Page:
Among politicians in Tamil Nadu, there is now a headlong scramble to claim credit for the Indian government’s vote against Sri Lanka at the United Nations Human Rights Council proceedings in Geneva on Thursday.
DMK president M Karunanidhi, who has elevated political blackmail to a high art and who held the UPA to ransom by threatening to withdraw support if the government did not support the US-sponsored resolution in Geneva, has reason to believe that his pressure tactics worked.
The Indian government, which earlier said it would not support a country-specific resolution, came around to supporting it – after ensuring that the final resolution was not overly intrusive. At the Indian government’s insistence, the resolution was watered down to ensure that the instruments of political reconciliation that would be put in place would be activated only with the consent of the Sri Lankan government.
Karunanidhi has abundant grounds to claim victory in this round of political tussle, but on Thursday, after the vote on the resolution, Karunanidhi sounded like a man who hadn’t got quite what he wanted in life.
His unrealised dream, he said, was a “Tamil Eelam”, a separate homeland for Sri Lankan Tamils. “As far as I’m concerned, that is the goal,” he said. And he would fight for it to be realised, he added.
Karunanidhi’s renewed articulation of an aspiration for ‘Tamil Eelam’ is, as Firstpost had noted here, a naked attempt to channel Tamil chauvinistic sentiments by a leader who stands discredited for the monumental corruption scandals that he and his family have perpetrated in recent years.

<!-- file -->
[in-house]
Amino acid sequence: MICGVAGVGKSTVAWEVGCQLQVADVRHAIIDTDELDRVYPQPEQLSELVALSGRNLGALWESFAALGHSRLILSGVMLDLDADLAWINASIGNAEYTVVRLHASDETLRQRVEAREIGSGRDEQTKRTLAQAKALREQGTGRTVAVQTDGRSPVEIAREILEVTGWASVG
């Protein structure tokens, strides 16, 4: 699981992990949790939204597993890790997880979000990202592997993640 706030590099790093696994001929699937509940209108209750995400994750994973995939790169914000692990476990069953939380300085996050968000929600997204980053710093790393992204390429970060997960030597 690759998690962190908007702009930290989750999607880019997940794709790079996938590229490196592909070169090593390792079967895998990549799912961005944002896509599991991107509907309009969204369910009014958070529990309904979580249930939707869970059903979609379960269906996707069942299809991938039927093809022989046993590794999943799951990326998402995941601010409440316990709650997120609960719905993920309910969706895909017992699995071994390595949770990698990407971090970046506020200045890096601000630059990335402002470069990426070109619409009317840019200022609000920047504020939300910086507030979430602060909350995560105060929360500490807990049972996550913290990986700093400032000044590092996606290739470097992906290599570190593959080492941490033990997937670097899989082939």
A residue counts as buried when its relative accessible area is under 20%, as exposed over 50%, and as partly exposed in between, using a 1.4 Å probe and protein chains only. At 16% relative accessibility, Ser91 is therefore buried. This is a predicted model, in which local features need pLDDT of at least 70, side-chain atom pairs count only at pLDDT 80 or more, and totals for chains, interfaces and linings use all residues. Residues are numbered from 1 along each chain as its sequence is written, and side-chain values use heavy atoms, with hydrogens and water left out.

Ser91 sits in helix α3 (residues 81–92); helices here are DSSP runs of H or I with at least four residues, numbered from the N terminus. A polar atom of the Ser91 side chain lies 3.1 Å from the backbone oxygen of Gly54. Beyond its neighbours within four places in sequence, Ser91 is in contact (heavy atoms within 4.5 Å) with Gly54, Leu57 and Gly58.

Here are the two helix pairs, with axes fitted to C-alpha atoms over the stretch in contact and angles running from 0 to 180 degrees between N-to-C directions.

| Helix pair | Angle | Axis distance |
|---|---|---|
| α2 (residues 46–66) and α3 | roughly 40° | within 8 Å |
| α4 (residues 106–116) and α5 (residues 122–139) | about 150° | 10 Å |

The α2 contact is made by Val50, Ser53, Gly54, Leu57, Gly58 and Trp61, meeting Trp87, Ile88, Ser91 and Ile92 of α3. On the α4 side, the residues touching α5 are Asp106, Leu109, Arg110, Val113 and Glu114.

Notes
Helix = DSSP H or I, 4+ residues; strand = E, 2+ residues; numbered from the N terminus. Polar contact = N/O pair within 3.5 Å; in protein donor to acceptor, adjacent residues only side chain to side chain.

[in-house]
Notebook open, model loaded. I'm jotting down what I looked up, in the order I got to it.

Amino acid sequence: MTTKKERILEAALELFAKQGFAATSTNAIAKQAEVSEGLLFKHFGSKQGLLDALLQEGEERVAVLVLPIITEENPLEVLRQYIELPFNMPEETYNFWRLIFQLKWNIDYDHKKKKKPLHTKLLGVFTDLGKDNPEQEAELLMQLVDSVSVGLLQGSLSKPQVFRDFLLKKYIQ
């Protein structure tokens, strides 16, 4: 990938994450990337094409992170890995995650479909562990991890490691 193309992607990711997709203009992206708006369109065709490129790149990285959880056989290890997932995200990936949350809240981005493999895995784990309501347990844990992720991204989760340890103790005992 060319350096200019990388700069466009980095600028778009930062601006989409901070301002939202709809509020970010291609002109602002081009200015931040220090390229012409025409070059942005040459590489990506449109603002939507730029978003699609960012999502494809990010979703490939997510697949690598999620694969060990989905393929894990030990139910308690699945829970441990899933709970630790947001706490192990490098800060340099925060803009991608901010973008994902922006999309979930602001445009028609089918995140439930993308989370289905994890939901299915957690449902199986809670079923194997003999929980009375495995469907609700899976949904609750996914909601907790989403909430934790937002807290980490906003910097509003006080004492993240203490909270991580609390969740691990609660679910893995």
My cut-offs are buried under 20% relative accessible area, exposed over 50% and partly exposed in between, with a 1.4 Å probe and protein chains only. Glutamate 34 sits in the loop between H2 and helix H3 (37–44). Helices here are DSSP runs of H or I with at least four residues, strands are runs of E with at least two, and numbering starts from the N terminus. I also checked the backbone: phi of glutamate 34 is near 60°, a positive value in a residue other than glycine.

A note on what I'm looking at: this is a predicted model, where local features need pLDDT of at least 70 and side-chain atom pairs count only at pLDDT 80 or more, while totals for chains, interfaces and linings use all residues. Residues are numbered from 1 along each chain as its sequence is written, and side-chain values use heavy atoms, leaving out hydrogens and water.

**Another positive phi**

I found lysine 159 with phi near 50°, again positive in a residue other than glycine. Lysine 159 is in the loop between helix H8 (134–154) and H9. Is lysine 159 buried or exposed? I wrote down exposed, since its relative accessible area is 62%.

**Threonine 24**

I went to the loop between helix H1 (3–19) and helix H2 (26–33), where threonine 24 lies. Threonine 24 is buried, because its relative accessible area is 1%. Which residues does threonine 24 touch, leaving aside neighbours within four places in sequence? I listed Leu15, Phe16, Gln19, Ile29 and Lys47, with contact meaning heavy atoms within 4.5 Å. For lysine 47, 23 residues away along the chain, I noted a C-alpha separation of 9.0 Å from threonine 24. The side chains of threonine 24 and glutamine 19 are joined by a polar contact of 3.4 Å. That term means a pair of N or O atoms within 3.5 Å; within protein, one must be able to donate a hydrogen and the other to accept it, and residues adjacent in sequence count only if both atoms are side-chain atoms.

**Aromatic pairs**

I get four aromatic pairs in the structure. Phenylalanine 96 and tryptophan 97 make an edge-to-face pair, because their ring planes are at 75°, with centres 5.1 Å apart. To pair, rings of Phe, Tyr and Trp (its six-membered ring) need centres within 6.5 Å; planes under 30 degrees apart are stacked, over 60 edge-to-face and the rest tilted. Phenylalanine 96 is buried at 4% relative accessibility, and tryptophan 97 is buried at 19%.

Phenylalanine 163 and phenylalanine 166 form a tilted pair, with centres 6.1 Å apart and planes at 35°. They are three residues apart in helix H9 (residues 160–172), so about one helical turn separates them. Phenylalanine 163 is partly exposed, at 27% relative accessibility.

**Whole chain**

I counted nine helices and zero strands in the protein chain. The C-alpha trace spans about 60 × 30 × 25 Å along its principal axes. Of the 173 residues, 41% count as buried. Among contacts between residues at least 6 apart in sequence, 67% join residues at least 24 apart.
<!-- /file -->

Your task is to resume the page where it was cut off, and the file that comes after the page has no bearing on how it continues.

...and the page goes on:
In the 60-plus years that he has inflicted himself in public life, Karunanidhi has progressively hijacked the Dravidian movement, which began as a well-meaning social movement aimed at addressing widespread caste-based discrimination, and used it as a cover for his venal politics – and his family’s rampant corruption.
The renewed chant about a ‘Tamil Eelam’ is dog-whistle to the basest etho-linguistic nationalists sentiments that continue to fester beneath the surface and which politicians like Karunanidhi and MDMK leader Vaiko pander to.
There’s a case to argue that the Sri Lankan Tamils’ case against linguistic discrimination in Sri Lanka from 1956 onwards may have been on firmer ground if the Tamil moderate movement had not embraced the concept of a separate ‘homeland’ in 1976 through the Vaddukoddai Resolution.
It was that demand that fanned the flames of chauvinism on both sides – Tamil as well as Sinhala – and led to the gradual militarisation of the ‘Tamil Eelam’ movement. Ironically, most of the moderate Tamil leaders were subsequently wiped out by the fascist Tamil Tigers and other militant groups.
Yet, that ‘Tamil Eelam’ demand was embraced enthusiastically by Tamil political parties in Tamil Nadu who forced the Indira Gandhi government to extend moral, material and martial support. In fact, a de facto Tamil Eelam was established in the North and East of Sri Lanka under LTTE authority: to the extent that the writ of the Sri Lankan state did not run in these parts, the LTTE virtually ran a parallel state, complete with courts and constabulary and even an army. It is another matter that the civilian Tamil population in the North and East of Sri Lanka were themselves held hostage in this ‘Eelam’ by the LTTE, which used them as human shields in its war against the Sri Lankan government.
Karunanidhi’s pandering to these Tamil nationalists sentiments found expression in late 1980s (when he was Chief Minister) in his party’s valorising the LTTE, which was then waging battle on Indian troops which had been inducted under the Indo-Sri Lanka Agreement of 1987. When the Indian troops were de-inducted and returned home, Chief Minister Karunanidhi boycotted the ceremony in Chennai, to project himself as the leader of Tamil nationalism.
With the defeat of the LTTE in 2009, there was reason to hope that both Sinhala and Tamil Eelam chauvinism would abate, and that reasonable progress could be made towards political reconciliation. The failure of the Sri Lankan government to advance the process of reconciliation in these three years earned it a rap on the knuckles in Geneva on Thursday.
But by stirring the pot of Tamil chauvinism with his renewed articulation of an aspiration for a Tamil Eelam, Karunanidhi isn’t helping that reconciliation process – or the cause of Sri Lankan Tamils either.